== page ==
Your kids may be back in school, but class size or struggles with basic concepts may mean they need extra one-on-one help. Finding the right tutor, one who you can trust and who your child can connect with, can be a time-consuming and expensive process. How then do you find the right tutors? Here are the five things to consider when looking for a tutor.
1. Find a tutor that caters to your child’s specific learning style.
Each student has unique needs when it comes to their learning process, and tutors who are successful with one student may not be as successful with another. First, ask the school counselor to help determine whether your child is an auditory, kinesthetic, or visual learner. Share this information with the tutor and discuss whether or not their teaching style and approach to lessons will be a good fit.
2. Request tutor credentials and client references.
Depending on the topic, it is important to understand your tutor’s mastery of the subject. Obtained degrees and studied coursework can help you understand the tutor’s capability, but objective anecdotes and recommendations from past clients can be even more valuable.
3. Think safety.
When working with a private tutor it is important to establish a safe, comfortable environment that promotes learning. Do not hesitate to perform a basic background check on a tutor you are considering. Some parents also choose to meet candidates in a neutral location such as a public library or coffee shop before inviting them to the home.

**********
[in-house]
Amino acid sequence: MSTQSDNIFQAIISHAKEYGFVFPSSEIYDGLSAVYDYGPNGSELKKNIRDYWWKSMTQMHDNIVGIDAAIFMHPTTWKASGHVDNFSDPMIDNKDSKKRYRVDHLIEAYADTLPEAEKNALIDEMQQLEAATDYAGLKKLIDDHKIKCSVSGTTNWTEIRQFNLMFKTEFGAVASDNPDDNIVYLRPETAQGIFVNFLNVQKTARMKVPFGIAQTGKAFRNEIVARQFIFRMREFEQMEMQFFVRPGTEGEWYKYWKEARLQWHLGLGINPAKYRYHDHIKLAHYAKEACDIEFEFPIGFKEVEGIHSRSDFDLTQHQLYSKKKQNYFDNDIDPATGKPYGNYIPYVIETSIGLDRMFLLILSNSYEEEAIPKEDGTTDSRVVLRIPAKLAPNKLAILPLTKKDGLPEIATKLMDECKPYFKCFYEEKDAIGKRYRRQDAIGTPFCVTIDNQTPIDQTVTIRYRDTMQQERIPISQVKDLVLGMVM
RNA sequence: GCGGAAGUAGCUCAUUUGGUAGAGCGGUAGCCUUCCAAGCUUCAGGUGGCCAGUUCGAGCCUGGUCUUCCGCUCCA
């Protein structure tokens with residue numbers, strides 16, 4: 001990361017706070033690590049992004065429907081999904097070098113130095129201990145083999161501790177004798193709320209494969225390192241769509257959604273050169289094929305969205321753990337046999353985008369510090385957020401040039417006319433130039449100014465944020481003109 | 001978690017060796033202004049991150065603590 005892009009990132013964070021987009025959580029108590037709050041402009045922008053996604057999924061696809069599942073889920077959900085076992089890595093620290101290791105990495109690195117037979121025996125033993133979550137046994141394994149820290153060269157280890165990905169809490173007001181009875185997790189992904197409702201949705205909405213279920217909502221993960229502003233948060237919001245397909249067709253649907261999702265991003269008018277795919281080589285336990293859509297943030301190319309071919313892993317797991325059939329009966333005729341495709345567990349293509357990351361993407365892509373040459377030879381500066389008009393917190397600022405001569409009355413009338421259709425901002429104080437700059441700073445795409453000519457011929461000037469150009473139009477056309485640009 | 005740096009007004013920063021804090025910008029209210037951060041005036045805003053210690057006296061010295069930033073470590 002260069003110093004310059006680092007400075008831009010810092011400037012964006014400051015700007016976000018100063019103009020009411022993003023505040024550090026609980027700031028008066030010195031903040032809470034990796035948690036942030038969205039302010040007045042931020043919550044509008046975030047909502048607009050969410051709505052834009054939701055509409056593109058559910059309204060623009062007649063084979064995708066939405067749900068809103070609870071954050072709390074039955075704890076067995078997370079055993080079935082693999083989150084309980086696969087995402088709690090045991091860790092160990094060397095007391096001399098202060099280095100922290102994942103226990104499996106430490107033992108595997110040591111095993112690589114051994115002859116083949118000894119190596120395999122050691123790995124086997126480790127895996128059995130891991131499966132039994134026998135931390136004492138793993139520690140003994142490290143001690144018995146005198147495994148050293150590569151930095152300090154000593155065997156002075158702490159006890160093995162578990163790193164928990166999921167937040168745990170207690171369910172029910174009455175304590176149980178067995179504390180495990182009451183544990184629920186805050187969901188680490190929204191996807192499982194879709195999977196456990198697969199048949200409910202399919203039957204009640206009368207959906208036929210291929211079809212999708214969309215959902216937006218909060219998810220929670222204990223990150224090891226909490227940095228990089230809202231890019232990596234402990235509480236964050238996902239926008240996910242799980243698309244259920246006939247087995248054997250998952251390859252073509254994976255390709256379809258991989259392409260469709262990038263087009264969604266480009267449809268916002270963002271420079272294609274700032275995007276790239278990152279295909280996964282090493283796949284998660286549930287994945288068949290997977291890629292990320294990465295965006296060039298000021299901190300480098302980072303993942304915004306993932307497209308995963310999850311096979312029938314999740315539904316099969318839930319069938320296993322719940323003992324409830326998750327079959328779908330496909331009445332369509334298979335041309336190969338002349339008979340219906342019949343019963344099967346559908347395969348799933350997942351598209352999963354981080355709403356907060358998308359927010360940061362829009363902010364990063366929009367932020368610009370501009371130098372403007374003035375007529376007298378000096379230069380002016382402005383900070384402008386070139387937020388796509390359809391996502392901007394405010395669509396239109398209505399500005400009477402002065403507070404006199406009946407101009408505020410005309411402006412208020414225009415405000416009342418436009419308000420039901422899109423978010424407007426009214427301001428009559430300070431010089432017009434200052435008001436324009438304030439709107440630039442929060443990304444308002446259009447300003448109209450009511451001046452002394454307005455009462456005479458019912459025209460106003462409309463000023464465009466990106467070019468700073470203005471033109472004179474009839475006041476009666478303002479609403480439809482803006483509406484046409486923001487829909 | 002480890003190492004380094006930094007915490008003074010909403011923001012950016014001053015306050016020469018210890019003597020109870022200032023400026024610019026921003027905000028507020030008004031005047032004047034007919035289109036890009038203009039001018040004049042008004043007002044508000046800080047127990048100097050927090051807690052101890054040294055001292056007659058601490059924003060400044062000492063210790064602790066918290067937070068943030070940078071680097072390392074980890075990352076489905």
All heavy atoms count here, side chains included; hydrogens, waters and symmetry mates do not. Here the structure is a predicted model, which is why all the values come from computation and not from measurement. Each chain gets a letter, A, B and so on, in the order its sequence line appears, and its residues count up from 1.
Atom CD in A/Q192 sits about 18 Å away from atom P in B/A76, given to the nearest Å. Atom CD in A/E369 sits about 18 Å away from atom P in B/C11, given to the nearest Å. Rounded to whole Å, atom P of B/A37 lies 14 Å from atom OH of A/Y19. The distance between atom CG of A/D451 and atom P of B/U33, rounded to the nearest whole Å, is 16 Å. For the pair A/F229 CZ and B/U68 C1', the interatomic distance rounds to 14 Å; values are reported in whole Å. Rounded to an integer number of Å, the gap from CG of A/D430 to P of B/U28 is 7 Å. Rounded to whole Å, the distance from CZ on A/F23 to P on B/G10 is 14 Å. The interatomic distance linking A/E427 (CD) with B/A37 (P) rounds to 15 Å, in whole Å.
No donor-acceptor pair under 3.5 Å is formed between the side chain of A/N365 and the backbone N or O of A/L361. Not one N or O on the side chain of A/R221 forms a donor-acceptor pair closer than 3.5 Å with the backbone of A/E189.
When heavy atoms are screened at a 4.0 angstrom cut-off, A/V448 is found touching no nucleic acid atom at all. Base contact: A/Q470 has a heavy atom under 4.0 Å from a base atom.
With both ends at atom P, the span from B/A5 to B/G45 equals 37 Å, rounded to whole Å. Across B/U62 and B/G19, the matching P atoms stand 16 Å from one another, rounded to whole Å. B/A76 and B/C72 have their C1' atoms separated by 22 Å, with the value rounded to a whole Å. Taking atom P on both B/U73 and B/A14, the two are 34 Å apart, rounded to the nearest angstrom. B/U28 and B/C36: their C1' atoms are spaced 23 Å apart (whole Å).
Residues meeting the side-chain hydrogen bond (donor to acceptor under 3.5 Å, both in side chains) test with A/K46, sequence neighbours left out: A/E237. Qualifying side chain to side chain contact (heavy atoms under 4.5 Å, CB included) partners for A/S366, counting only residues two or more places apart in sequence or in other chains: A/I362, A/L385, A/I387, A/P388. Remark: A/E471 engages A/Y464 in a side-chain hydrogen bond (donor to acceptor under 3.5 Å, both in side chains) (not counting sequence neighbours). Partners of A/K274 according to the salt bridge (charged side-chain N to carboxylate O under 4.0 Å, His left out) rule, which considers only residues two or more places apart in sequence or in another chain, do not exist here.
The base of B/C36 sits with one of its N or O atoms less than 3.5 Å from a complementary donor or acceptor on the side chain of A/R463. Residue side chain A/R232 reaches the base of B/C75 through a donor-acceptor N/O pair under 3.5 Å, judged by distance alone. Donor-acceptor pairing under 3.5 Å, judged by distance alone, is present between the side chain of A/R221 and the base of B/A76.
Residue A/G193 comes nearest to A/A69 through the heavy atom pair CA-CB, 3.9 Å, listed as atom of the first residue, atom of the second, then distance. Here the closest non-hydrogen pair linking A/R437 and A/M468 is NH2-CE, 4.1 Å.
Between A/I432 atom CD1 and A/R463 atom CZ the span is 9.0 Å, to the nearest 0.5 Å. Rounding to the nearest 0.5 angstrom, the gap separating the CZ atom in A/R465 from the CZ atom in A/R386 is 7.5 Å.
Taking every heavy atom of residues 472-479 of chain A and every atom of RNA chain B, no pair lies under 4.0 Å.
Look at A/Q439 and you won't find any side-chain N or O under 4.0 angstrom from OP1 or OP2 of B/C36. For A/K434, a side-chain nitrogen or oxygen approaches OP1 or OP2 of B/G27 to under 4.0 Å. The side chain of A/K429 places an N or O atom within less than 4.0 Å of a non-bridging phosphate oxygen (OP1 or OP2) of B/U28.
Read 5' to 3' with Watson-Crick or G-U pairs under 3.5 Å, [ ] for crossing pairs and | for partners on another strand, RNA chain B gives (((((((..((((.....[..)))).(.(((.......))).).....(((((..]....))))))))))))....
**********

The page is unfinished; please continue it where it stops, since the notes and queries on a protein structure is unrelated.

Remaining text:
4. Require feedback and open communication.
Establishing a productive relationship between a tutor and student is an important process that may take time. Consistent communication among the parents, student, and tutor will facilitate this process and benefit the student. By providing feedback after each lesson, parents and students will have a documented history of the topics covered during the course of tutoring sessions. Consistent communication is also important to avoid misunderstandings that can damage the relationship, such as questions about billing or policies related to canceled lessons.
5. Set goals to gauge the impact of tutoring.
No two students are alike. A student’s initial understanding of a subject before lessons, in addition to her motivation to work hard and learn the subject, will impact the success of the tutoring relationship. Establishing healthy, realistic goals (classroom performance or general understanding and comprehension) before beginning lessons can generate motivation and help all parties appreciate the impact and value of the tutoring lessons.